The corner with Garry Chittick

I was privileged twenty years ago to be asked to Chair the NZ Racing Board. Some would have you believe the role is the poisoned chalice, but, as with all things in life, if you have a passion and strong belief in your anointed path, the good will outweigh the bad. I had served my apprenticeship as a Board member of the Awapuni Racing Club, Chairman of the Club, a member of the Thoroughbred Racing Board etc. You are lucky in life if your vocation is your hobby. Having first attended racing at Trentham 66 years ago (in short pants) to still being a vendor is confirmation enough that our sport is unique in providing a spread of opportunities to retain our interest.

The catch cry during my tenure as Board Chairman was we need more young people involved. Can’t argue with that, but then so do all our competing sports. My view was, we need to focus on the 50 plus age group. This is, for those who haven’t yet matured, when a reset in one’s aspirations is unavoidable. Kids are gone (thank goodness), your career path is set in concrete, and investments should be working for you. If still with first wife, she will have decided to assert herself and participate in all your interests; if with new partner, you will be anxious to prove your virility and of course, your hard-earned now tied up in trust equity. It is as I have said before, the most exciting sport you can be part of without leaving the couch. 

So, to the just-completed Karaka Sale. It was, without exaggeration, a small triumph over adversity. Our Governments on-and-off again COVID requirements did, in the week before, allow NZ passport holders to return from Australia. This resulted in at a guess, no more than a dozen returnees, but how important were they? The horses that are easily identified no doubt had been pre-inspected, but despite the online purchasing, there is no doubt the opportunity to see the horse is all important. We appreciate the effort they made, but another thirty Australians on the ground and the sale would have been a boomer.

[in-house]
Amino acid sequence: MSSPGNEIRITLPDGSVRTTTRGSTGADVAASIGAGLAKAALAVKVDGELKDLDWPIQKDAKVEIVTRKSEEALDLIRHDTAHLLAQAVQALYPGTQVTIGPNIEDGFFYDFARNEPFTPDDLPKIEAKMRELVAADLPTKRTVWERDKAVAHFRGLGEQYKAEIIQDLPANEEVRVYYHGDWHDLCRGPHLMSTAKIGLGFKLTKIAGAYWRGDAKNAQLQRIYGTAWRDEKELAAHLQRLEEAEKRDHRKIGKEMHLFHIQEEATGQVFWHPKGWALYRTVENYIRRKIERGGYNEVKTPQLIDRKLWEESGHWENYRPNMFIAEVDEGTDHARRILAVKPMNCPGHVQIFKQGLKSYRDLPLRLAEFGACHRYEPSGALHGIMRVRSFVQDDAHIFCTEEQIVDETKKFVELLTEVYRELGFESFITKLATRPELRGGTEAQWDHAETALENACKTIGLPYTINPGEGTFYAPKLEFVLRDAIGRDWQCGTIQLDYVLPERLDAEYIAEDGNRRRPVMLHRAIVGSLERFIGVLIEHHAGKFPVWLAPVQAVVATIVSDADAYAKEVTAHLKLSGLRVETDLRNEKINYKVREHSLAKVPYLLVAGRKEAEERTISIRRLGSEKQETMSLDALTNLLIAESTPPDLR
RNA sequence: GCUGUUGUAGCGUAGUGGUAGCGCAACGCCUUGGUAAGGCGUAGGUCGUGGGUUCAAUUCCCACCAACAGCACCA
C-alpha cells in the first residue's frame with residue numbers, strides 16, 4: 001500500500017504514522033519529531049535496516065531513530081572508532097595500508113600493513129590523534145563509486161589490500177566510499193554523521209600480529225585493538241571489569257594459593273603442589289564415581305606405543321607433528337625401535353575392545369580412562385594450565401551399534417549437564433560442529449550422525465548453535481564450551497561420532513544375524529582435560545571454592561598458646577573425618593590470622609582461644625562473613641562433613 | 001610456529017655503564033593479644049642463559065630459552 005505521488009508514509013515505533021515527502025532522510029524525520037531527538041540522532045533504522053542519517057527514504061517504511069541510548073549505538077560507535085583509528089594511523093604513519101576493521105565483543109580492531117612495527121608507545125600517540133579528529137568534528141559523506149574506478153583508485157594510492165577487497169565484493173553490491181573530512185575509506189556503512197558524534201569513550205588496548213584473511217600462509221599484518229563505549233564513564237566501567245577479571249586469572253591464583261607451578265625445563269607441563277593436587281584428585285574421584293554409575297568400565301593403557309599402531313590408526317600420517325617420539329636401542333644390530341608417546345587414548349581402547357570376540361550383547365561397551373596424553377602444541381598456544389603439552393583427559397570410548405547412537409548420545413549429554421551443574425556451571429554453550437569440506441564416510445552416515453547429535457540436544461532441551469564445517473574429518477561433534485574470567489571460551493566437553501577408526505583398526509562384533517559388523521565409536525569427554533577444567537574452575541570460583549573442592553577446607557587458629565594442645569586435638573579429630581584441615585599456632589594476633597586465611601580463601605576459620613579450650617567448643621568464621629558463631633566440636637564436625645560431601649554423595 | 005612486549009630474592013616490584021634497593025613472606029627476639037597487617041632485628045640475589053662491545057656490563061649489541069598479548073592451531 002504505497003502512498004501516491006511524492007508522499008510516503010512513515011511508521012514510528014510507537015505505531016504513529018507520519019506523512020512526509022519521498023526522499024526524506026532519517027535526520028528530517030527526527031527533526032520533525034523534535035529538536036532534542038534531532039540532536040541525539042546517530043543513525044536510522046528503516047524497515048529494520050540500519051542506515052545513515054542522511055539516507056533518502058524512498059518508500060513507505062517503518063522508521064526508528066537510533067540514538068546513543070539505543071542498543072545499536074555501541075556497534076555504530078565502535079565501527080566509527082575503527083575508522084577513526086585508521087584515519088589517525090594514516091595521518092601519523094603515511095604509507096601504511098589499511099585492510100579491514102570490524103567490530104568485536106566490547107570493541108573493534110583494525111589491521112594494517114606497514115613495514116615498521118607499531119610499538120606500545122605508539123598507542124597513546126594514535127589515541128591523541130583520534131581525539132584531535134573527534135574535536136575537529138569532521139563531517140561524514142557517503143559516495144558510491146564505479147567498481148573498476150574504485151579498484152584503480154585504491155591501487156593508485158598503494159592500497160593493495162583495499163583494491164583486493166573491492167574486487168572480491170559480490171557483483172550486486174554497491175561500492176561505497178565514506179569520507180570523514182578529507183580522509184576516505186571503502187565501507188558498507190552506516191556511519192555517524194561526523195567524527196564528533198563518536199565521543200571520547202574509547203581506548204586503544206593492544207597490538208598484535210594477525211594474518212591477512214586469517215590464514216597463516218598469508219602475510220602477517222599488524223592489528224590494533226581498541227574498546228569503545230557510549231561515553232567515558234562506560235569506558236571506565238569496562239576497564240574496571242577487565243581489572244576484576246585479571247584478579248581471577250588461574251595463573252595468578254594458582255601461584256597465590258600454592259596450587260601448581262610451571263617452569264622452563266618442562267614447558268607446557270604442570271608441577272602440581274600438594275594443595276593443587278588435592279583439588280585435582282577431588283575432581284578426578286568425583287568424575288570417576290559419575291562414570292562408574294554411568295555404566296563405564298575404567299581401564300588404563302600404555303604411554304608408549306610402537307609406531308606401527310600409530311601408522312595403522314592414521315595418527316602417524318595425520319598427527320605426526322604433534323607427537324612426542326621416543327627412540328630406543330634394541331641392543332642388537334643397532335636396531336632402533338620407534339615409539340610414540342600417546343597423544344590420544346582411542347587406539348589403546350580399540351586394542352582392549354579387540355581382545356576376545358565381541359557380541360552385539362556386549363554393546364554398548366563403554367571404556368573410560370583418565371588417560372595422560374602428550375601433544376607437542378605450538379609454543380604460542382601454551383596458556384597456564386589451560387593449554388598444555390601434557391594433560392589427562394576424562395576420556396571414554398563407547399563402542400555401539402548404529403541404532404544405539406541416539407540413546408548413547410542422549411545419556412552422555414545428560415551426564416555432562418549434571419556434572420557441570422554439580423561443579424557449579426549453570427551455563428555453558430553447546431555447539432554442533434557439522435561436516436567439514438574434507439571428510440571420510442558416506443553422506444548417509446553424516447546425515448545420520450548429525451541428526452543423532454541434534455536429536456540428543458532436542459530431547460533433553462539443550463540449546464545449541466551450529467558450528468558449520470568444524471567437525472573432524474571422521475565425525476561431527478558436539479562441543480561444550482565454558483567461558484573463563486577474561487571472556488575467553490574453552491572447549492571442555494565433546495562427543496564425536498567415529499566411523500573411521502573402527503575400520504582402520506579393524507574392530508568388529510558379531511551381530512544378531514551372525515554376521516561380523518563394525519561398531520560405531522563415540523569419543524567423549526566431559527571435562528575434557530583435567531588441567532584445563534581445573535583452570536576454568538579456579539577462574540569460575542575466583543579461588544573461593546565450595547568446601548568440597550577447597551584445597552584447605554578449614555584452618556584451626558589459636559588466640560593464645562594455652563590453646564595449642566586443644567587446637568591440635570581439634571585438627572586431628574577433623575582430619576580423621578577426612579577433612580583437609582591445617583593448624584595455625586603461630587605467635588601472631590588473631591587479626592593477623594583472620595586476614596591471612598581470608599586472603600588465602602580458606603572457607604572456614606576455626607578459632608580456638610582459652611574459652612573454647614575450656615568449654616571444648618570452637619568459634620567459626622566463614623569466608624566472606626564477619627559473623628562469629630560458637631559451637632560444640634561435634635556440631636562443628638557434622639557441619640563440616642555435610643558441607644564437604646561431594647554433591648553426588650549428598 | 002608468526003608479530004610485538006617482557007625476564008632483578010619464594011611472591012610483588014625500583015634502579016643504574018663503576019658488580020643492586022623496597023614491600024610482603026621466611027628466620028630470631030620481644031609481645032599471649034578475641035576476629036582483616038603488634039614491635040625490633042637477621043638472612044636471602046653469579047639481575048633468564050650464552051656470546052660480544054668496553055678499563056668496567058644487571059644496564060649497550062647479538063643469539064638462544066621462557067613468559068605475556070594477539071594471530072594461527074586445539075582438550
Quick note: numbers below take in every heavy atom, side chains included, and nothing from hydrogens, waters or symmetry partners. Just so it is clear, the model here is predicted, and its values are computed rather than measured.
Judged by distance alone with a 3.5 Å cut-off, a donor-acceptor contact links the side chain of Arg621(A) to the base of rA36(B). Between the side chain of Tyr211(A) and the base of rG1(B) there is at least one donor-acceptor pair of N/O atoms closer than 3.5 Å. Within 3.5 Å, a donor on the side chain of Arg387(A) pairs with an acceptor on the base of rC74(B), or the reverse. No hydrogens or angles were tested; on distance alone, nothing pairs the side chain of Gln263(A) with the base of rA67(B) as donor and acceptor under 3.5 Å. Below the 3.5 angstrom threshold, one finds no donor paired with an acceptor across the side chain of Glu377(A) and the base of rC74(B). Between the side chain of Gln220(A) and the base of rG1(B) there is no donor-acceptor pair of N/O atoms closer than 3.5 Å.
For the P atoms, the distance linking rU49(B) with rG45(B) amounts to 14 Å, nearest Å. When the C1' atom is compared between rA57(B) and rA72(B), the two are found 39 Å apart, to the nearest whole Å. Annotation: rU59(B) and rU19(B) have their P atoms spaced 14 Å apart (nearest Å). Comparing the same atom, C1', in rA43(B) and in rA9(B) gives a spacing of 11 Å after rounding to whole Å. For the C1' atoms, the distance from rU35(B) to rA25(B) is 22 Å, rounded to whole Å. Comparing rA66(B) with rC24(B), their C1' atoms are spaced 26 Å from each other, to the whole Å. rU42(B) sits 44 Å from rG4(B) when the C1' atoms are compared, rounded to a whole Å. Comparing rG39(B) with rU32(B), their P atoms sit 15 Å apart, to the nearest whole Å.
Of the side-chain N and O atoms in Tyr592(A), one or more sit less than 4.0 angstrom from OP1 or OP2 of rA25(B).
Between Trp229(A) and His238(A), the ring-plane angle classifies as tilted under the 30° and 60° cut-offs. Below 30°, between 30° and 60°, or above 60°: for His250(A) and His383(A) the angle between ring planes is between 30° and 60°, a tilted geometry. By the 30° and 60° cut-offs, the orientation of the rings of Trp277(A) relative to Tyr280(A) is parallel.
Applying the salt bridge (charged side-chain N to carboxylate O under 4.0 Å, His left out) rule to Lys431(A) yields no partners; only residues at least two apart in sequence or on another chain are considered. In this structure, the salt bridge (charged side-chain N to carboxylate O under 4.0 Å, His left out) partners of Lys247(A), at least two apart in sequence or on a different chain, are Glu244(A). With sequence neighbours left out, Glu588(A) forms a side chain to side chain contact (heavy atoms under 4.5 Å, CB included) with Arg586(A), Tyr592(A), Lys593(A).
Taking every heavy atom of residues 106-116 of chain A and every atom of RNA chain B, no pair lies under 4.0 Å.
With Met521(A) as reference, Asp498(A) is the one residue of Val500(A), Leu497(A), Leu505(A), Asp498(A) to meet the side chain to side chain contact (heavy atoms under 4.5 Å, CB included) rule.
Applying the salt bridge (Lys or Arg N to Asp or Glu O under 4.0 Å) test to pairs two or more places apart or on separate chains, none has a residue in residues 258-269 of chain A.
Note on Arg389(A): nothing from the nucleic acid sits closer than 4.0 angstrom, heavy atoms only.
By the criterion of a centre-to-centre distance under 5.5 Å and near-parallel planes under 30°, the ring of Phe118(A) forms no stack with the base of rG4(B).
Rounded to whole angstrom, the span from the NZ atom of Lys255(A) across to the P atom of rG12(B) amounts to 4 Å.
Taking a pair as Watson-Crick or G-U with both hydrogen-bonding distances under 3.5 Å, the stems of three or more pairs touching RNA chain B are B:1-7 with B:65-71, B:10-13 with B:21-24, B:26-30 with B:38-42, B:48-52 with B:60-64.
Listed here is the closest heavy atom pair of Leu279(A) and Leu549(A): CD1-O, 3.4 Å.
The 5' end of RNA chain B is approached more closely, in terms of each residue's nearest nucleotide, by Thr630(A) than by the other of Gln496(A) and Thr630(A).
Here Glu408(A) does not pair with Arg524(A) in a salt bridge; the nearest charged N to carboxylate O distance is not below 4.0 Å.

Waikato was fortunate enough to have had the support of Hong Kong investor and racing enthusiast Mr Tony Fung who, riding on the back of our homebred Mo’unga, purchased his brother and another Savabeel for a combined $1,850,000. His NZ passport holder, Kacy Fogden acquitted herself with great aplomb on their behalf, so a big thank you! Waikato presented 44 yearlings with four returning home. When you consider we have sold 20 in Australia to date, so having offered 64 yearlings this year, we have been fortunate enough to have placed 60 horses. In a COVID riddled world on the brink of war, I’d say that is a result that truly reflects our sport’s tenacity.

And so to the over 50’s, my generation. Well over 50 were sellers and buyers, my mate John Stubbs has his heart set on a runner in the Melbourne Cup, so he purchased three staying bred yearlings. I teased him about the likelihood of his speech-making prowess in five years. His response – “No horse no dreams.”

Gerald Fell couldn’t remember how many consecutive sales he had attended, certainly over sixty, and still excited when Duncan sold both his yearlings. Patrick Hogan, regretfully not too mobile, offered a number of yearlings. I didn’t follow his results but if he was selling this year, then no doubt he will have another crop on the ground so will be back next year. I could go on but you get the drift. We can continue to be involved and compete on a level playing field regardless of age or infirmity.

Enough of that. We need, as always, heirs to the throne. King Savabeel has a crop on the ground and a crop to foal. We look after and treasure him. Tivaci had a great sale which with three-year-olds, confirms he is on the way up. We are constantly thinking ahead – colts retired to stud take at least five years to establish their worth or not, but we are halfway there with our Ardrossan’s. Don’t be surprised if he is not one of Redoute’s Choice’s sire sons of the future. We cannot be more excited about the Super Seth foals, they are outstanding.

So, you can see I and my contemporaries have just as much to look forward to as anyone. Long may it last! 



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